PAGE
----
MIA: Encyclopedia of Marxism: Glossary of Terms
The factory committees, which came into being in March 1917, immediately after the victory of the February Revolution, were class organisations of the workers. The factory elder’s councils and other elected bodies formed from provisional strike committees in the periods of revolutionary upsurge are considered the forerunners of the factory committees.
The factory committees became very active as soon as they were set up. They formulated the workers’ economic demands and presented them to the factory owners, introduced an eight-hour day by their own decision, exercised control over the employment and discharge of labour power, formed workers’ militia units, combated sabotage on the part of the employers, secured raw materials and fuel for the factories concerned to prevent stoppages, and so on. They took an active part in the October Revolution. In 1918 they were merged with the trade unions and became primary units of the latter.
The First Petrograd Conference of Factory Committees was held from May 30 to June 3, 1917. The 568 delegates attending it represented the factory committees, trade union bureaus, and other workers’ organisations of Petrograd and Vicinity. The Conference discussed the state of industry and the problem of controlling and regulating production in Petrograd, the tasks of the factory committees, their role in the trade union movement, etc.
The Conference became a scene of bitter struggle between the Bolsheviks and Mensheviks over the role and tasks of the factory committees and over workers’ control. The Mensheviks tried to nullify the political and economic role of the factory committees and to substitute state control involving bourgeois parties for workers’ control. The conference carried the Bolshevik motion.
The Conference was very important in that it enabled the factory committees to exchange experience and join forces in the campaign for workers’ control. To this end it elected a standing Central Council of Factory Committees of 25.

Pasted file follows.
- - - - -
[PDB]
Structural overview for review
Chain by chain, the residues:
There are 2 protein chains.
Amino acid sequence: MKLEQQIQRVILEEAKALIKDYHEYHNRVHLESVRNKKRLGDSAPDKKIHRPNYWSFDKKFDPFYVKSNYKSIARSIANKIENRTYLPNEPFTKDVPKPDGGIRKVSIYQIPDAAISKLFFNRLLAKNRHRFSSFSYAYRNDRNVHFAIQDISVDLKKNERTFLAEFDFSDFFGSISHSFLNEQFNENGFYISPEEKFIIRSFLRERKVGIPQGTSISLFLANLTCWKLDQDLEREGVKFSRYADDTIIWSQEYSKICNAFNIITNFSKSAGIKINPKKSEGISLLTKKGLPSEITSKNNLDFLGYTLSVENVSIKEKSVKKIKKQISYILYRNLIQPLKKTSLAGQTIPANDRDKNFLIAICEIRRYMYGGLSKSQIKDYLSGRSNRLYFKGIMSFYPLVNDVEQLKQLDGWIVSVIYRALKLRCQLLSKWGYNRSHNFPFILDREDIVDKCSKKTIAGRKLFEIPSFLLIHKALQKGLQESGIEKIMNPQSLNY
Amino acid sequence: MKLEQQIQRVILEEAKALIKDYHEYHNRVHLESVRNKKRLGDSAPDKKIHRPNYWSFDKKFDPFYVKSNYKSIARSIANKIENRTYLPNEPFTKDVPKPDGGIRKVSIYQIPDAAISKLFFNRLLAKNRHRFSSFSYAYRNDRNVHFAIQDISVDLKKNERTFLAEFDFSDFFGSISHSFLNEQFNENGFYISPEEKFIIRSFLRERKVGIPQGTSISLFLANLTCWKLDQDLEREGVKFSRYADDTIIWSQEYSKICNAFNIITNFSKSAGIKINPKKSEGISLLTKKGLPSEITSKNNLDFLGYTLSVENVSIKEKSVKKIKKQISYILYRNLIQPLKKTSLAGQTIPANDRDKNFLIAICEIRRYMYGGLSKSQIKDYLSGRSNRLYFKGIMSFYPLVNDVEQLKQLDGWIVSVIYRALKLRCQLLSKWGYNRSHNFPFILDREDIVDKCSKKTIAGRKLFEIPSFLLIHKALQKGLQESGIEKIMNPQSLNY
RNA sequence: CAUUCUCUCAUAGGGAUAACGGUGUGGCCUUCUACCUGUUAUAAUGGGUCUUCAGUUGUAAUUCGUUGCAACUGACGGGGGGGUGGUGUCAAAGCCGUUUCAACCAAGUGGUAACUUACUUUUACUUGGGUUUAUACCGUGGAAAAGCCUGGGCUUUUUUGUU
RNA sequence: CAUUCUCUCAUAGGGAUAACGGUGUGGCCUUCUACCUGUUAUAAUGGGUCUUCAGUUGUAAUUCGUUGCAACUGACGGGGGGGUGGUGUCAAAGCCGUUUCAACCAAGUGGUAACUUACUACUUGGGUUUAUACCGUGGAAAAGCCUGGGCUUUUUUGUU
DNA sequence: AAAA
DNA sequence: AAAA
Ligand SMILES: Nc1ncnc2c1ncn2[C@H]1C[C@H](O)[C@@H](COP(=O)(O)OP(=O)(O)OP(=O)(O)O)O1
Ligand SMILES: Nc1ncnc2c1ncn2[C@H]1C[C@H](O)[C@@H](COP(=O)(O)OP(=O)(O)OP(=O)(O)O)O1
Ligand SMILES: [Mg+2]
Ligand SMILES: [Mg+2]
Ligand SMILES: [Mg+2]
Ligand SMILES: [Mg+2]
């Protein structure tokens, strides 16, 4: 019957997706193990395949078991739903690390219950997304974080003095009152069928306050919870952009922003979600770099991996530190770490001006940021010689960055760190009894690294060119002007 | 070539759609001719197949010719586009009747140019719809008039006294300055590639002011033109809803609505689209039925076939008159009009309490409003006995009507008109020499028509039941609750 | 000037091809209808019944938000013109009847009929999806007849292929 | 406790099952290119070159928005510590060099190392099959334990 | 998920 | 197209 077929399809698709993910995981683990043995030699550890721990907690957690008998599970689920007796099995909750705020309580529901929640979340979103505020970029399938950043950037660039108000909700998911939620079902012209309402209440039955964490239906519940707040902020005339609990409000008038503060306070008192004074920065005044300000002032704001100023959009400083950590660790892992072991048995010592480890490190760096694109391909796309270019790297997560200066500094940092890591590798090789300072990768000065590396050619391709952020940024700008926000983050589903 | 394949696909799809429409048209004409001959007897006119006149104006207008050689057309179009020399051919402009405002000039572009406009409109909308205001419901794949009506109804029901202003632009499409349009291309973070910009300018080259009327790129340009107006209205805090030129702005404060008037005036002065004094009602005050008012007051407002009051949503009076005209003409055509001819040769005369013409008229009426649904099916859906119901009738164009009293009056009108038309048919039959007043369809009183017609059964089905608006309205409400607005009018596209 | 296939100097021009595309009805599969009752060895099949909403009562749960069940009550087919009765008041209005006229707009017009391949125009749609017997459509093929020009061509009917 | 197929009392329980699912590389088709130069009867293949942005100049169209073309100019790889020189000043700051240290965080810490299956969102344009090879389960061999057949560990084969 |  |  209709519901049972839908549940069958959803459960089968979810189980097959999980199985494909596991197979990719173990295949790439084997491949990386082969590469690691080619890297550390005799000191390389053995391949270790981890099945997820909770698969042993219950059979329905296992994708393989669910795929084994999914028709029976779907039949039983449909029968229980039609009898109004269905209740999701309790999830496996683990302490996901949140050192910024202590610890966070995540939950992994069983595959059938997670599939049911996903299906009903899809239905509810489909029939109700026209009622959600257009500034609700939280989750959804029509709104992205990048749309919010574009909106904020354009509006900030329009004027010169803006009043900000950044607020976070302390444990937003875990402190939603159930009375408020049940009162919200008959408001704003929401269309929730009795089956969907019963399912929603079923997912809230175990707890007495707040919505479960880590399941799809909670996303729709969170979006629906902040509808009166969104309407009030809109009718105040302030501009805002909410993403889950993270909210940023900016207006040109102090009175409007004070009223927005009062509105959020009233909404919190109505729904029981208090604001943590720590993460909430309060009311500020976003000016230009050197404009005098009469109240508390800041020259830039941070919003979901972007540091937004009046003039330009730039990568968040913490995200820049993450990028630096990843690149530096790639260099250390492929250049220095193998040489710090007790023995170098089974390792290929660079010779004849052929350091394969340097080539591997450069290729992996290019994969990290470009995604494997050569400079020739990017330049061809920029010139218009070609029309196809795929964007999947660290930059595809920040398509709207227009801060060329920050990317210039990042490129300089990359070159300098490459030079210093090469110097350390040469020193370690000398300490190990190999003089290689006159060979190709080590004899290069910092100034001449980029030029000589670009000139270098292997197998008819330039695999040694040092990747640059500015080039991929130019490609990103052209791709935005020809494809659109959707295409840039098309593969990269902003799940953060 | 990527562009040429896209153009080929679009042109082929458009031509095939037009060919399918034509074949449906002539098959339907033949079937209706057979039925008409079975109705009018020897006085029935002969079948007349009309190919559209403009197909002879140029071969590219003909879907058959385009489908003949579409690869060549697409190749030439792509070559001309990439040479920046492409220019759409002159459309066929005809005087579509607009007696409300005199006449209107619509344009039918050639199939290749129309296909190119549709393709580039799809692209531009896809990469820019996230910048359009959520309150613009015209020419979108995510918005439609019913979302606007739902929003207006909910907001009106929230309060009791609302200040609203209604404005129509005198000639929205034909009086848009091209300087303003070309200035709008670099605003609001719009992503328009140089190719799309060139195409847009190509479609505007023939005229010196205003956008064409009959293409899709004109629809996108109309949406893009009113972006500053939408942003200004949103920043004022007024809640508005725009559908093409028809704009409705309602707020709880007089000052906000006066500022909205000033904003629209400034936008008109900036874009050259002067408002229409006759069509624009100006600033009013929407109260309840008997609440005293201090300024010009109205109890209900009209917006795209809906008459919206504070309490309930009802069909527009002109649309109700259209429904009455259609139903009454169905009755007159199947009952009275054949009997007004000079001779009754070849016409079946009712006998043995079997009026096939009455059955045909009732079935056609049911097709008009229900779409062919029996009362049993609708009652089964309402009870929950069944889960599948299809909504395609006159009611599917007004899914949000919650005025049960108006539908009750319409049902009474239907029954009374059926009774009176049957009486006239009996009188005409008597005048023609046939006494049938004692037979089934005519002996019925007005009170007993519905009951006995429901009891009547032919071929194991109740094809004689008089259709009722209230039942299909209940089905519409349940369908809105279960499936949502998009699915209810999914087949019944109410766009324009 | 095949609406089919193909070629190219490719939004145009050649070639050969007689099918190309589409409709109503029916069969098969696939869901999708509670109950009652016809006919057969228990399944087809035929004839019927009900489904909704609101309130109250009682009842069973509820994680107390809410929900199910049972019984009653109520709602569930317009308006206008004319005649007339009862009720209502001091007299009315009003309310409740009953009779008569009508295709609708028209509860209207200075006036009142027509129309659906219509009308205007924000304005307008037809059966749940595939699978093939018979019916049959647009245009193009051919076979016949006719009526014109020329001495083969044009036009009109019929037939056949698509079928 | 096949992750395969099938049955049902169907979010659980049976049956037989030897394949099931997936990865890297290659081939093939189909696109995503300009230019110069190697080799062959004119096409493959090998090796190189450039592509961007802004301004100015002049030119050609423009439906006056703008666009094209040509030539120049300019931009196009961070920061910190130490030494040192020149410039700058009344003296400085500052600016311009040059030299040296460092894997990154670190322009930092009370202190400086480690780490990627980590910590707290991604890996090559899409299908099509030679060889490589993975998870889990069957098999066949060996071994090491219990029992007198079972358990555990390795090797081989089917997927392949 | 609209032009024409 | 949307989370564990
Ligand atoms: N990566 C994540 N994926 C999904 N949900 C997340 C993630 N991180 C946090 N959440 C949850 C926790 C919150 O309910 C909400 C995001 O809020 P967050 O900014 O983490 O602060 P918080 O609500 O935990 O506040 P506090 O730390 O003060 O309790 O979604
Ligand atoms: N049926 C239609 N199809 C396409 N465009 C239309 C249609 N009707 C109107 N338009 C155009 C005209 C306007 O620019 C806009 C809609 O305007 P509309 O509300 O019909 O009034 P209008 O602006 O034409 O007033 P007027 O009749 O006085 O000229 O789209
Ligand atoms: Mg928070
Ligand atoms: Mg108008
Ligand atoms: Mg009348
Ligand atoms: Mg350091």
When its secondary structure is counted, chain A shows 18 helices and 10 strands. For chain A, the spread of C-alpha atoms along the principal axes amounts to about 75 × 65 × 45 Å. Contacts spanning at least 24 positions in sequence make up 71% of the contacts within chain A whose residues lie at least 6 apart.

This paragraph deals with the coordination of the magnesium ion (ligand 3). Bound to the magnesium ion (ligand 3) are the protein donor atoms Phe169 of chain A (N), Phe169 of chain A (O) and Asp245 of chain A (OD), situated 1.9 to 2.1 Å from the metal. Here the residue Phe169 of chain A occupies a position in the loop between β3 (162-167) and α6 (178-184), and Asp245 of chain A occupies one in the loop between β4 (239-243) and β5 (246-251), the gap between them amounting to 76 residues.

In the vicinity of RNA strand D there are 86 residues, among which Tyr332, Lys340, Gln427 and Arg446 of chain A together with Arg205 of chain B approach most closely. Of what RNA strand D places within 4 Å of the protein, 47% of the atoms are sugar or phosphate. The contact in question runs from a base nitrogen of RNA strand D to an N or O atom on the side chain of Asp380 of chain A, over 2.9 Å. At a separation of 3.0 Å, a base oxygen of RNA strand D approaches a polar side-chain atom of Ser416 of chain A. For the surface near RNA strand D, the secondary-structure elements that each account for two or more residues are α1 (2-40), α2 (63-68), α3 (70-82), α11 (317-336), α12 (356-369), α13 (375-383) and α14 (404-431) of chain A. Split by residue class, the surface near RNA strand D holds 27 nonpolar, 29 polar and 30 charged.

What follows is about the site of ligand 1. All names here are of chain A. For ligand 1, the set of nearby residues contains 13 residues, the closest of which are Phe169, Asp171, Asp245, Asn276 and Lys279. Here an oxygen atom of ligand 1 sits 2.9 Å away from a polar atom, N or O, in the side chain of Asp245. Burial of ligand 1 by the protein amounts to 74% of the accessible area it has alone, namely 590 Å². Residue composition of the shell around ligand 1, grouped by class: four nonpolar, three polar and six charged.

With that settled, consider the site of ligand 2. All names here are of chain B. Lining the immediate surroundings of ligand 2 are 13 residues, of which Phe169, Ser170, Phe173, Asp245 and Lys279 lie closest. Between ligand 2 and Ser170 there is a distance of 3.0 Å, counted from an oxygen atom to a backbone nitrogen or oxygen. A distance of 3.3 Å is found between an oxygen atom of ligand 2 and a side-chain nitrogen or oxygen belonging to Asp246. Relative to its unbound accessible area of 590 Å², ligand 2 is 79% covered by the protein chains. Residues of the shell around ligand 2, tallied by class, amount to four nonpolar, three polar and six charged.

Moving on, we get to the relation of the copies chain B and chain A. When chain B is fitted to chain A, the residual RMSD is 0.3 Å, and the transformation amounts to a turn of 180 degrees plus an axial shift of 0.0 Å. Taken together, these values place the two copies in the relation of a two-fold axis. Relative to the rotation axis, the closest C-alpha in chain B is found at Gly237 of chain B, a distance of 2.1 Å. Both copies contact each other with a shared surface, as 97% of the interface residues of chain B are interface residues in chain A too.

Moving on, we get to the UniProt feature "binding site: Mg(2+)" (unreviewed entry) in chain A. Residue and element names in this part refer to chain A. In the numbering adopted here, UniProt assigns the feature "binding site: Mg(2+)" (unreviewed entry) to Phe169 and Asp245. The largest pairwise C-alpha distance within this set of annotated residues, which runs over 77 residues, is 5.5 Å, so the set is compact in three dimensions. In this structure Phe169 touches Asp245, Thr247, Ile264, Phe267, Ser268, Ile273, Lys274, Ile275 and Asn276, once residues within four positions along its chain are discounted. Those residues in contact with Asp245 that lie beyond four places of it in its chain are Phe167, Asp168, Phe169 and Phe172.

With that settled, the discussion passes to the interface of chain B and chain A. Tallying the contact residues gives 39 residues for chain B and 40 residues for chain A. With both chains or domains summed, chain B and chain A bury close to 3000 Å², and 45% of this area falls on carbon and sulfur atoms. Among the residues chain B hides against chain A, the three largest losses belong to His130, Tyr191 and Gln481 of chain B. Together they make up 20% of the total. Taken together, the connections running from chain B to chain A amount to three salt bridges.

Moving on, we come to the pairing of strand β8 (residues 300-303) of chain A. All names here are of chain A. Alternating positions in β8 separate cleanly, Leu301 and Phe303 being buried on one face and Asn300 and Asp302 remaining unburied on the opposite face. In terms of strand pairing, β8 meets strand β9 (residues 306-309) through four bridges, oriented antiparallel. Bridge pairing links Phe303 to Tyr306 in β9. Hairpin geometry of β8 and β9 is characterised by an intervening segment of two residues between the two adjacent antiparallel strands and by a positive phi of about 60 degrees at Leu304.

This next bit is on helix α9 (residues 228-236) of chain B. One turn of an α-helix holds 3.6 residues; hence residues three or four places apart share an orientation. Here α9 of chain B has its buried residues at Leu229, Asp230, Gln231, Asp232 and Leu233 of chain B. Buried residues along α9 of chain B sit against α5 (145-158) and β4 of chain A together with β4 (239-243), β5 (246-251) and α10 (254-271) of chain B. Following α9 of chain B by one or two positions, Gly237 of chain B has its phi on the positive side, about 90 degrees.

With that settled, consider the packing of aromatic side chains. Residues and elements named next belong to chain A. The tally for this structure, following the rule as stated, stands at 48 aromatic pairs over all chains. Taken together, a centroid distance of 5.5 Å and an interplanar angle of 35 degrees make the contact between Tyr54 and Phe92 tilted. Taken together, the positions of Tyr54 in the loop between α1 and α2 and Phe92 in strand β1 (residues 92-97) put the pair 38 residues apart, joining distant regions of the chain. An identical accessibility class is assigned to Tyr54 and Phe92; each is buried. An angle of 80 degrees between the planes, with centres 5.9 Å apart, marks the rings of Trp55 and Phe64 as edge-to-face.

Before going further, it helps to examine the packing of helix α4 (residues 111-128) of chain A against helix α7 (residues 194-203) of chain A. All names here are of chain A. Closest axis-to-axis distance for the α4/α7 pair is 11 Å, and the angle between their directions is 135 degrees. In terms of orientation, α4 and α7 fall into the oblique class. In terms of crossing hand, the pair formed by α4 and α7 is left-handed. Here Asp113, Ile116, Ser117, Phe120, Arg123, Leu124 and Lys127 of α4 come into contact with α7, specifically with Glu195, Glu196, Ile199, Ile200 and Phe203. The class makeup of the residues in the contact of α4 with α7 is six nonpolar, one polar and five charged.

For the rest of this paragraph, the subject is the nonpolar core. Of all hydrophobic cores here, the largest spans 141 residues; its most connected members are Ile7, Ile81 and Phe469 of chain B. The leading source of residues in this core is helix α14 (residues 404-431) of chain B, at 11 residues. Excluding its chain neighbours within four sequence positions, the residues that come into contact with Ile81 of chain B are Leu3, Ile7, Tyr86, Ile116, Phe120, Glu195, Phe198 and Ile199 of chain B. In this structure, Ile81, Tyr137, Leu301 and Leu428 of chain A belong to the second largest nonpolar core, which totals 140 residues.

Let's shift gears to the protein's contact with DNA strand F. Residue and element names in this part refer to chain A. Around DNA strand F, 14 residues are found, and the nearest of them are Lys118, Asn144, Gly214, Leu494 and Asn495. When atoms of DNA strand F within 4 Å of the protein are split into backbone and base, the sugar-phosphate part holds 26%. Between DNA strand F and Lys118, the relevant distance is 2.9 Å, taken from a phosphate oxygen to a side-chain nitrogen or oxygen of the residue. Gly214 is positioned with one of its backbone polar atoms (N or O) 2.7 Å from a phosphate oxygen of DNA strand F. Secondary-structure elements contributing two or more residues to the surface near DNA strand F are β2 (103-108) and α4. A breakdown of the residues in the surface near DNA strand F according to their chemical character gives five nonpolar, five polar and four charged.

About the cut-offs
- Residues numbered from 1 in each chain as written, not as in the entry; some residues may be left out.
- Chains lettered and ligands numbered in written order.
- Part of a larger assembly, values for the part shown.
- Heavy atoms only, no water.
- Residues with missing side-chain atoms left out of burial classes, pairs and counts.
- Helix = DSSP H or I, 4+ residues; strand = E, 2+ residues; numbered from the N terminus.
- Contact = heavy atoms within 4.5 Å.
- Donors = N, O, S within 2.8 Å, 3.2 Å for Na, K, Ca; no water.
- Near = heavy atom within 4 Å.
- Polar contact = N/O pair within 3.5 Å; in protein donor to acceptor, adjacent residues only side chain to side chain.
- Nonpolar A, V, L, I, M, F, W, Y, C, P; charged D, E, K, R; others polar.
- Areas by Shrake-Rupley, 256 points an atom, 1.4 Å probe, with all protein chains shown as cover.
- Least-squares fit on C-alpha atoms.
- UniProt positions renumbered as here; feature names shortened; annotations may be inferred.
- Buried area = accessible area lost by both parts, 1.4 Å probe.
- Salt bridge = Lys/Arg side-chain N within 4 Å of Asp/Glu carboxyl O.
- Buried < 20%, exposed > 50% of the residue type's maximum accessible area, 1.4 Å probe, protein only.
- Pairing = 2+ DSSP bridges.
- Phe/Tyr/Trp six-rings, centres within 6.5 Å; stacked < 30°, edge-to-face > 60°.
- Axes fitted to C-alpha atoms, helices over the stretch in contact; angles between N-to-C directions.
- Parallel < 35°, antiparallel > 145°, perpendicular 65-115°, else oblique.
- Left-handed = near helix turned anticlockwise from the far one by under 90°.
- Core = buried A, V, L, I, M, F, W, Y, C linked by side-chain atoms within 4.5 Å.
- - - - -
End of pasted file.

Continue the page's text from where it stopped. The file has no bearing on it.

Lenin took part in the conference. He drafted the “Resolution on Measure to Cope with Economic Dislocation", which was carried by a vast majority, and analysed the conference resolutions in his articles “The Petty-Bourgeois Stand on Economic Dislocation” and “Economic Dislocation and Proletariat’s Struggle Against It", criticising the Mensheviks stand at the conference and upholding the Bolsheviks’ tactics on workers’ control over production.
Falling Rate of Profit
Marx claimed that there was a tendency for the rate of profit to fall in the course of history, and saw this as one of the sources for an historic crisis of capitalism. He sets out his argument for this tendency in Chapter 13 of Volume III of Capital:
Marx introduced the concepts of constant capital (c), i.e., the value of goods consumed in production, and variable capital (v), i.e., wages, and designated the ratio of constant to variable capital (c/v) the “organic composition of capital”. He showed that improvements in the efficiency of a capitalist enterprise inevitably leads to an increase in this ratio, that is, that any given quantity of “living labour” tends to engage larger and larger quantities of “dead labour” in the process of production.
For a given rate of exploitation of labour, (s/v) (i.e., the ratio of surplus labour, s, to the necessary labour time workers must be paid for their labour power, v), what Marx calls the rate of profit, s/(c + v), must decline.
“If it is further assumed that this gradual change in the composition of capital is not confined only to individual spheres of production, but that it occurs more or less in all, or at least in the key spheres of production, so that it involves changes in the average organic composition of the total capital of a certain society, then the gradual growth of constant capital in relation to variable capital must necessarily lead to a gradual fall of the general rate of profit, so long as the rate of surplus-value, or the intensity of exploitation of labour by capital, remain the same.
“Now we have seen that it is a law of capitalist production that its development is attended by a relative decrease of variable in relation to constant capital, and consequently to the total capital set in motion. This is just another way of saying that owing to the distinctive methods of production developing in the capitalist system the same number of labourers, i.e., the same quantity of labour-power set in motion by a variable capital of a given value, operate, work up and productively consume in the same time span an ever-increasing quantity of means of labour, machinery and fixed capital of all sorts, raw and auxiliary materials-and consequently a constant capital of an ever-increasing value.